I am extremely lazy when it comes to reading long blog posts, and so it's ironic that I'm about to spew one forth, but I am just too fired up to hold back...hopefully someone will care to read my ramblings, because I just can't say enough about how happy I am that I went to the Rusticatio Californiana this summer...I never expected that it would turn out to be so significant in my development as a Latin teacher!
The Rusticatio completely changed my perspective on teaching and learning Latin, and I'm already experiencing the benefits of that week spent in the woods of Ben Lomond. I had previously been reluctant to launch into the whole oral Latin thing in class because it was something I hadn't really tried before and I wasn't sure how it was going to work out. I didn't really want to take the leap and try it out in front of 23 seventh graders who all expected me to know what the heck I was doing. What if it all went horribly wrong? The Rusticatio gave me practical experience in a "safe space" (love those middle school buzz words), and it got me fired up about using Latin as a means of practical communication.
The Rusticatio also helped me develop an instinct for speaking in Latin. Last year, there were a few instructions that I routinely gave in Latin (write down your homework in your planner, be quiet, open your book to page 10), but it pretty much stopped there. When I reflected on any given class period, I was aware that there were other things I could have said in Latin, but it just hadn't occurred to me to do so. I usually didn't even say "hello" to students in Latin...how pathetic is that? After the Rusticatio, however, I look forward to the opportunity to speak Latin in class, and it occurs to me to say all sorts of things. It just feels more natural now.
I don't stress out over whether every single word I use is the best one I could have picked. The Rusticatio forces you to just deal with the fact that if you're going to speak Latin, you have to make split second decisions and you can't run to the OLD for guidance every time you open your mouth. You have to just get your point across. So if I use "cupio" when I should have used "volo," oh well. The more I speak, the better I'll get at making the right split second decisions, and in the meantime, my little mistakes really aren't hurting anyone. I believe that pretty firmly. I am not saying that we should be careless about using incorrect grammar and vocabulary...I'm just saying that we're not perfect and that that's ok. No student's Latin career is going to be ruined if the occasional nominative comes out when we meant to use an accusative or if we slip up and use the perfect tense once in a while when the imperfect would have been better.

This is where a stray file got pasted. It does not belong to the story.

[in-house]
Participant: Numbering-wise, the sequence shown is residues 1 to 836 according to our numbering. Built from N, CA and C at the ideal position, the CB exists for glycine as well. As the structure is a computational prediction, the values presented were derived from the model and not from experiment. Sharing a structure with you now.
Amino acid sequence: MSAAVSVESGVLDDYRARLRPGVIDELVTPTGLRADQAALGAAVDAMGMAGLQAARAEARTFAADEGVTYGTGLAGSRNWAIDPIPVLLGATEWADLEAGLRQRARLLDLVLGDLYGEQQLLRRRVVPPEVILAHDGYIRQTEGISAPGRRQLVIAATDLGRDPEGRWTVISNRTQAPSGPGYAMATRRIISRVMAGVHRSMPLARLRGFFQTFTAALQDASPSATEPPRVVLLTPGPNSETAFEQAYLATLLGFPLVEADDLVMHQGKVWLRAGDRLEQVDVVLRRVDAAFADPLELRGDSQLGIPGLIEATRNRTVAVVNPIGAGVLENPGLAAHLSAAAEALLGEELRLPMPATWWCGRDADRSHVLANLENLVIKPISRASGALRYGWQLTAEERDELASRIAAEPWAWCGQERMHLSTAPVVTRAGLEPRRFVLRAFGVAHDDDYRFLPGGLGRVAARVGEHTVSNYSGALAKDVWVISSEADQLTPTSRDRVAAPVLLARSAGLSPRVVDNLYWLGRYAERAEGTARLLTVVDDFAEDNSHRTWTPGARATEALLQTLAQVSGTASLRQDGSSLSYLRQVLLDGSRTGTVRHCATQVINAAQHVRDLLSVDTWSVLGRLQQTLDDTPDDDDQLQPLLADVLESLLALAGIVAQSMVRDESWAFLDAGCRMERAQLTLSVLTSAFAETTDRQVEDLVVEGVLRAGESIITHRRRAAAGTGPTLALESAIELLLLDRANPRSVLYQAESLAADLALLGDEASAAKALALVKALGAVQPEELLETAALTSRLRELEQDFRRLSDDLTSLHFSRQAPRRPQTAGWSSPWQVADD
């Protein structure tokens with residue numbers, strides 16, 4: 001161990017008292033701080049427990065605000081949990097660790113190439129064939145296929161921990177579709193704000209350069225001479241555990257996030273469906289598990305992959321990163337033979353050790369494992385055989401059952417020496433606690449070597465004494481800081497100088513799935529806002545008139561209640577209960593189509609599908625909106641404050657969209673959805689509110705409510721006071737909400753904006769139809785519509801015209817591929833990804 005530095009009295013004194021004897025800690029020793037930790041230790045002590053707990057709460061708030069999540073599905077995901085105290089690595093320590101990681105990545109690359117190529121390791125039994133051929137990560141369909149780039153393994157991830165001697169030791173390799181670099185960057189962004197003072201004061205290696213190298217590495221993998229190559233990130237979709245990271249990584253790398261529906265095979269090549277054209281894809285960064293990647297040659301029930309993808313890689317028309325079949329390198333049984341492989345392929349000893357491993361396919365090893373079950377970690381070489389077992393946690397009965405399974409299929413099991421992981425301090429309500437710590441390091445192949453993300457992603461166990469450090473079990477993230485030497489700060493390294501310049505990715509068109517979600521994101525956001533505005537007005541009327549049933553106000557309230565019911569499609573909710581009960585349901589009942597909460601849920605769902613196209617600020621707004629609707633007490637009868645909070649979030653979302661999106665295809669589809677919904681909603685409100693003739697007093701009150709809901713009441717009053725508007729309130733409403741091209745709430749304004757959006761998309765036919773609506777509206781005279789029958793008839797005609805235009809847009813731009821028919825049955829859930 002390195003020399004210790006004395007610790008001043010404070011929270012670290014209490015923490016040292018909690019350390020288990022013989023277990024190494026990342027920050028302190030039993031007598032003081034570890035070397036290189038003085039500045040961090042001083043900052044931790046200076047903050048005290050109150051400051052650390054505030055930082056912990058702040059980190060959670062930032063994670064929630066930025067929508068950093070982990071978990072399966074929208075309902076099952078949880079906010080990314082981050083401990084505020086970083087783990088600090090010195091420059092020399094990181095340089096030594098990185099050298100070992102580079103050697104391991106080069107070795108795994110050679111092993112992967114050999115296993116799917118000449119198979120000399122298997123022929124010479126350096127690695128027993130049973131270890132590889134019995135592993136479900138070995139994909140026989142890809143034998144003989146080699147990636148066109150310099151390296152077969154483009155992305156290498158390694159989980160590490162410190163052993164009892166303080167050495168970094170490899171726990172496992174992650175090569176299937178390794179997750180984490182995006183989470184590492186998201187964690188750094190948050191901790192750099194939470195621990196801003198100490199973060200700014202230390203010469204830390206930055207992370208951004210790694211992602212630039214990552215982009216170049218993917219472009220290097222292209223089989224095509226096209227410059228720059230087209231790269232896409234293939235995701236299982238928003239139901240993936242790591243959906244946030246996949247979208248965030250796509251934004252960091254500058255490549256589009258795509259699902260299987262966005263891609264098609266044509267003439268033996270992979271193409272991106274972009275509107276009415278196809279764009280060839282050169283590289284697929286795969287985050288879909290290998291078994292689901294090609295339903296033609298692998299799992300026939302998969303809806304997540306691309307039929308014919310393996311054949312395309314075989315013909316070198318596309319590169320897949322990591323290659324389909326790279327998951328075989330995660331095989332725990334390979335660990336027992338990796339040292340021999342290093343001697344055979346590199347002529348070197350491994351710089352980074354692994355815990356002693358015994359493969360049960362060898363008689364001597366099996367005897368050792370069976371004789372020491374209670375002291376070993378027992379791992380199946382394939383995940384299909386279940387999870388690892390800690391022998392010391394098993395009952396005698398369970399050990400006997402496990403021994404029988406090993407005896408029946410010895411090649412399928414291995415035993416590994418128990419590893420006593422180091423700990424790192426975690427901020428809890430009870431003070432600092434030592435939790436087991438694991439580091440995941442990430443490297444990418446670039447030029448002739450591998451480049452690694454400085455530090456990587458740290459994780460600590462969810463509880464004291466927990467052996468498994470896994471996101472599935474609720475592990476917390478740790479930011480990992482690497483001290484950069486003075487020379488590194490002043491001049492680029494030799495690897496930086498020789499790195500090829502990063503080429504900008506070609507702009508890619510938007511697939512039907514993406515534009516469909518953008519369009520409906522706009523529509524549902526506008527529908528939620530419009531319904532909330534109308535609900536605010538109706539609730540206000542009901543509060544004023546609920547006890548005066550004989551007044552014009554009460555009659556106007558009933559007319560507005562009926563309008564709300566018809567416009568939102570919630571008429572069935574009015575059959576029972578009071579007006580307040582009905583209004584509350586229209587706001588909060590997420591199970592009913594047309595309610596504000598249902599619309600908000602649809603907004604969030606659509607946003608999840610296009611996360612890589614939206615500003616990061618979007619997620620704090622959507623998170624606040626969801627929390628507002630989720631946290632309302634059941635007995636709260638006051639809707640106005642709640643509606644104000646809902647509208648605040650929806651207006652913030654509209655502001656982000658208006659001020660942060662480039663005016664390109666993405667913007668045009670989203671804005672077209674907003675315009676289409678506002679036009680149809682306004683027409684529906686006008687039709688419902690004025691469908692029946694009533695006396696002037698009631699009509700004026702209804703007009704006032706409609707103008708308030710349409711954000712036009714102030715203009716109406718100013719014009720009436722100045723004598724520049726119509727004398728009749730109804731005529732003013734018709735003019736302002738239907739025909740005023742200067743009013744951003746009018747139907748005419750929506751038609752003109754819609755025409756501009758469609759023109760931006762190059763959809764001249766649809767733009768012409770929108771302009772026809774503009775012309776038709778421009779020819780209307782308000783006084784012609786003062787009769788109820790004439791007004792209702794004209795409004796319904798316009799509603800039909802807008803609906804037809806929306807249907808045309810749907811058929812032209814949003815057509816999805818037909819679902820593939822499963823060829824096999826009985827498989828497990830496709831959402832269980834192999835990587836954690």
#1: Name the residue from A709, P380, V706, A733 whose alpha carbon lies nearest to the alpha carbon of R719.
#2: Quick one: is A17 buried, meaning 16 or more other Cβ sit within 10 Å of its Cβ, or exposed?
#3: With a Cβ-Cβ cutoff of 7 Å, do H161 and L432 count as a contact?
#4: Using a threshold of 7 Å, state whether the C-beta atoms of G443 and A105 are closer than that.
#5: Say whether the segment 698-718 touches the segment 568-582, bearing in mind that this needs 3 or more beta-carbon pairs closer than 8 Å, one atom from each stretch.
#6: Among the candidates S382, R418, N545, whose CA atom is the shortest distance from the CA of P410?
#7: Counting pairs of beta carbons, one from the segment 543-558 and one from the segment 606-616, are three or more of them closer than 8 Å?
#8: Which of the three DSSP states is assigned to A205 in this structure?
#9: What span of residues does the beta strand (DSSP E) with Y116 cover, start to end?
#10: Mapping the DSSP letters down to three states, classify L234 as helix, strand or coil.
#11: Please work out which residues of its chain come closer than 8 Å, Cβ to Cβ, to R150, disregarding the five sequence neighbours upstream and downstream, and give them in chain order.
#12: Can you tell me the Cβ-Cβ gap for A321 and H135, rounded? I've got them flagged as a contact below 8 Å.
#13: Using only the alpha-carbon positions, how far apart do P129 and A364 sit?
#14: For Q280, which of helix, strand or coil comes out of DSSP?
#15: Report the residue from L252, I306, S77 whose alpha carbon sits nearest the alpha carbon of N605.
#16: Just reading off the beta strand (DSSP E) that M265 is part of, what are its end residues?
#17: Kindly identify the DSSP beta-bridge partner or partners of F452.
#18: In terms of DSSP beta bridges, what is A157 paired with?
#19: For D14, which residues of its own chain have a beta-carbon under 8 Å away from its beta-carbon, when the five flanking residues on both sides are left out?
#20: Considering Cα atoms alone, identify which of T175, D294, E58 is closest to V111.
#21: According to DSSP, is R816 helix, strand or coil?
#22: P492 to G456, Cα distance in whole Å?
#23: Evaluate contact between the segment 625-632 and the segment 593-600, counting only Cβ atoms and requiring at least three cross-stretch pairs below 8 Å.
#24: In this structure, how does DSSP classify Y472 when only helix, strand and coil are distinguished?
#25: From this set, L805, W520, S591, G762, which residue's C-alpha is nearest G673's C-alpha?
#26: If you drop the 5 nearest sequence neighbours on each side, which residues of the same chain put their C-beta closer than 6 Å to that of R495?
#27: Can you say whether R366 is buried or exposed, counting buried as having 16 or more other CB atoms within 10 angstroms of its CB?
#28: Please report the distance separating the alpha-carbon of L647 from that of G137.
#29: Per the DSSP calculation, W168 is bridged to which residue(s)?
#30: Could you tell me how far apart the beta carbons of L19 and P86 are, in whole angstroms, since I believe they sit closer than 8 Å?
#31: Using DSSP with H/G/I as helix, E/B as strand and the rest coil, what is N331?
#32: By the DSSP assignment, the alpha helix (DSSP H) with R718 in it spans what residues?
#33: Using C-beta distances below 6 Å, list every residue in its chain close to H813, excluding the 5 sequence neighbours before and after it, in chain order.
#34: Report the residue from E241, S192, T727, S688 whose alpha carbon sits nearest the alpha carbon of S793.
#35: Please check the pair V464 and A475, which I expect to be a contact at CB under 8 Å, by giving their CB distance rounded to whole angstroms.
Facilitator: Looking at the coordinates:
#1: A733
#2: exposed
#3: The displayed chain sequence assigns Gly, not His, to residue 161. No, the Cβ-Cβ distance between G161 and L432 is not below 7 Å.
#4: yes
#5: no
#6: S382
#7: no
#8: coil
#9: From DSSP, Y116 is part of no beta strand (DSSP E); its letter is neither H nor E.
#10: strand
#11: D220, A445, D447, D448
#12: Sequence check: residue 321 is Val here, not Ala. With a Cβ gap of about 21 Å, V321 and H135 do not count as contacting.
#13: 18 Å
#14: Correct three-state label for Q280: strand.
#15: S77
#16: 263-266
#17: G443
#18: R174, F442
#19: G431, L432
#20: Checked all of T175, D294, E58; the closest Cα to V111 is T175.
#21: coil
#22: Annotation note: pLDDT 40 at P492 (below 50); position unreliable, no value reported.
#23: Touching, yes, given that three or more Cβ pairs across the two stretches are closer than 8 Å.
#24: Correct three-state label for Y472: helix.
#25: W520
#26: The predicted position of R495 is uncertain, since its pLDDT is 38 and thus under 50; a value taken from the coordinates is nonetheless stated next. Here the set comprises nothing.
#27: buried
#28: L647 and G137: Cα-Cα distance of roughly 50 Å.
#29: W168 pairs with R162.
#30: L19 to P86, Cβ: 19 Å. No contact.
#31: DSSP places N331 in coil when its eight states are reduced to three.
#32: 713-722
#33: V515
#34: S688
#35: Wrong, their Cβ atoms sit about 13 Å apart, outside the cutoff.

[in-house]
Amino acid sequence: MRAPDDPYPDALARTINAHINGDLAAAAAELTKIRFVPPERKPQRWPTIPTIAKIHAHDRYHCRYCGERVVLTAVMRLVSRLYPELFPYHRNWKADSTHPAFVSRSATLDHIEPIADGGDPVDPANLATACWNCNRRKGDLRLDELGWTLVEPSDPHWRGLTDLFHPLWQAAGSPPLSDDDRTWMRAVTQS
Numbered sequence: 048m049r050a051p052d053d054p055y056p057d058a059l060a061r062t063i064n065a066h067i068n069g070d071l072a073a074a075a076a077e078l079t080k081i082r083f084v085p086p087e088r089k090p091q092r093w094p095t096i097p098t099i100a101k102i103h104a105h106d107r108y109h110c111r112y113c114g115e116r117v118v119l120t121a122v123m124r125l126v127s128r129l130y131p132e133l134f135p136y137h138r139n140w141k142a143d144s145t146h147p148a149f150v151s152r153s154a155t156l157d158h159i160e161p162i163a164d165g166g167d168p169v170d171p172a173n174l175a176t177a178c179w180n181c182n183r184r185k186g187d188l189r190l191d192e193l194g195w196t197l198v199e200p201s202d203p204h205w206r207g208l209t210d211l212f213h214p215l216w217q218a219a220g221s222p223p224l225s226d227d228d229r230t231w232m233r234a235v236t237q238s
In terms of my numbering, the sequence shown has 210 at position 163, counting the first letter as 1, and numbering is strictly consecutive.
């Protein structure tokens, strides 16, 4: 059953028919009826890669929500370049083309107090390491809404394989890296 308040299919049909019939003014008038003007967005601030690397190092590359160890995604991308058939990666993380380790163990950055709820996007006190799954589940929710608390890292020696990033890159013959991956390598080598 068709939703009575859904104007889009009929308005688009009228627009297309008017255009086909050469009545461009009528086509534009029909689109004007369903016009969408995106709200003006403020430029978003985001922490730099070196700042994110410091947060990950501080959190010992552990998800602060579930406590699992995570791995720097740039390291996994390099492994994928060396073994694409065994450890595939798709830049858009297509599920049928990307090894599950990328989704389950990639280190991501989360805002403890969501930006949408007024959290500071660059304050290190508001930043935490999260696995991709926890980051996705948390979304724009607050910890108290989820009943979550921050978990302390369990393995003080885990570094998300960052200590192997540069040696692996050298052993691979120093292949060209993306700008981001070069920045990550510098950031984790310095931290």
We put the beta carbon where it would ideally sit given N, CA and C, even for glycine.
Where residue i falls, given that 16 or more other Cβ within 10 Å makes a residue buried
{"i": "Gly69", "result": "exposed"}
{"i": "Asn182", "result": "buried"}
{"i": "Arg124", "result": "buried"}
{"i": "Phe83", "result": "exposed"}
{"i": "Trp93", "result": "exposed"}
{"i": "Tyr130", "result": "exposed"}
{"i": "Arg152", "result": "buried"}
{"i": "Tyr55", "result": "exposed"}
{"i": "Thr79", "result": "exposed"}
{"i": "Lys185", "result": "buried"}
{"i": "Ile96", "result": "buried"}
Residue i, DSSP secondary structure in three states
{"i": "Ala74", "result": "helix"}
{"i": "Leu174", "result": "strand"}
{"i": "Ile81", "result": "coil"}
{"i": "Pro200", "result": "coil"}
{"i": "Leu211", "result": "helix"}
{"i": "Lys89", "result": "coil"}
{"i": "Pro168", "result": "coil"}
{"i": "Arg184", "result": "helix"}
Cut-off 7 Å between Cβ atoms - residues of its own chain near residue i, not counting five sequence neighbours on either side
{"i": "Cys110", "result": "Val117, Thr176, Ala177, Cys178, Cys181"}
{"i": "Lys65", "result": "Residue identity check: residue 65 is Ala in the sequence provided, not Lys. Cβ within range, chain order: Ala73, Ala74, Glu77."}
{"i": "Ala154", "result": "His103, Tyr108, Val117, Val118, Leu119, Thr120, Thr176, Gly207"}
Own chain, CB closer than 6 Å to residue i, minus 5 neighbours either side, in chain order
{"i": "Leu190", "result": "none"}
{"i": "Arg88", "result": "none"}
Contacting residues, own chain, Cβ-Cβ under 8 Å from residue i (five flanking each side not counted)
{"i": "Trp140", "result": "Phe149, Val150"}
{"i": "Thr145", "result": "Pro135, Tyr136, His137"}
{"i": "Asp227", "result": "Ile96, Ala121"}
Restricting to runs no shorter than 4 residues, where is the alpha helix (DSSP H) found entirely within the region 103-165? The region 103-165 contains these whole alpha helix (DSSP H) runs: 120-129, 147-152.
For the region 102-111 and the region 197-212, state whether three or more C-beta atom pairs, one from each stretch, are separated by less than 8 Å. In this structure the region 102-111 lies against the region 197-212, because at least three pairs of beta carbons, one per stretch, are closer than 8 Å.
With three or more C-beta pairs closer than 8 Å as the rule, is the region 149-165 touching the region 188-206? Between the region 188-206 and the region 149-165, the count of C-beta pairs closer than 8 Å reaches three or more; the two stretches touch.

My students' response to our increased use of conversational Latin is overwhelmingly positive. I teach 6th - 8th grade students, and they are energetic and interactive people who want to *experience* what they are learning. Often class starts with me speaking briefly in Latin about something I did the day before or over the weekend. This past Tuesday we talked about my seeing "The Bourne Ultimatum," going rock climbing, and going to a ribs cookoff over Labor Day weekend. There was lots of acting out and pointing. They were engaged, attentive, and motivated because they wanted to understand me. After I finished talking about my weekend, I asked students to give me some idea of what they did over the weekend, even if all they could manage was a single word. Many said "aqua" or "navigo" (Lake Tahoe is 30 miles away) and the class chuckled when a few kids said "dormio." It was all pretty simple, and that's fine. The more they do it, the more comfortable they'll get, and then, I suspect, they'll move beyond single words and tap into their knowledge of grammar.
Almost every 6th grade class starts off with me asking everyone to say a sentence in Latin. We are on Ch. 2 of Minimus, and there are a few boys who really love saying "porcus sordidus sum." Every student in the class can manage to come up with a sentence, and they don't even think it's hard because we do a lot of "repeat after me" so that certain sentences just get branded into their brains. It's been neat to see them build on those sentences and make little modifications. We must have said "Lepidina est mater" fifty times over the last two weeks, and last week one girl said "Lepidina est bona mater."
I think I should bring this to a close, even though I have a
lot more to say. I was an oral Latin skeptic, but now I see that it really fits me. There are so many teaching strategies out there...we pick the ones that fit who we are...that's how it works. There is no teaching style that works universally for every single teacher, and I used to think that conversational Latin just wasn't for me. I really don't want to give the impression that I think conversational Latin is the be all and end all of Latin pedagogy and that anyone who doesn't use it is missing something. I don't think that at all. If we teach and students learn, then we're doing our jobs, however it is that we make it happen. I just want to say that using conversational Latin has made my job more fun and stimulating for me and for my students.
Nancy Llewellyn is an amazing resource, as is Andrew Gollan, and I'm really grateful to both of them for the work they do at the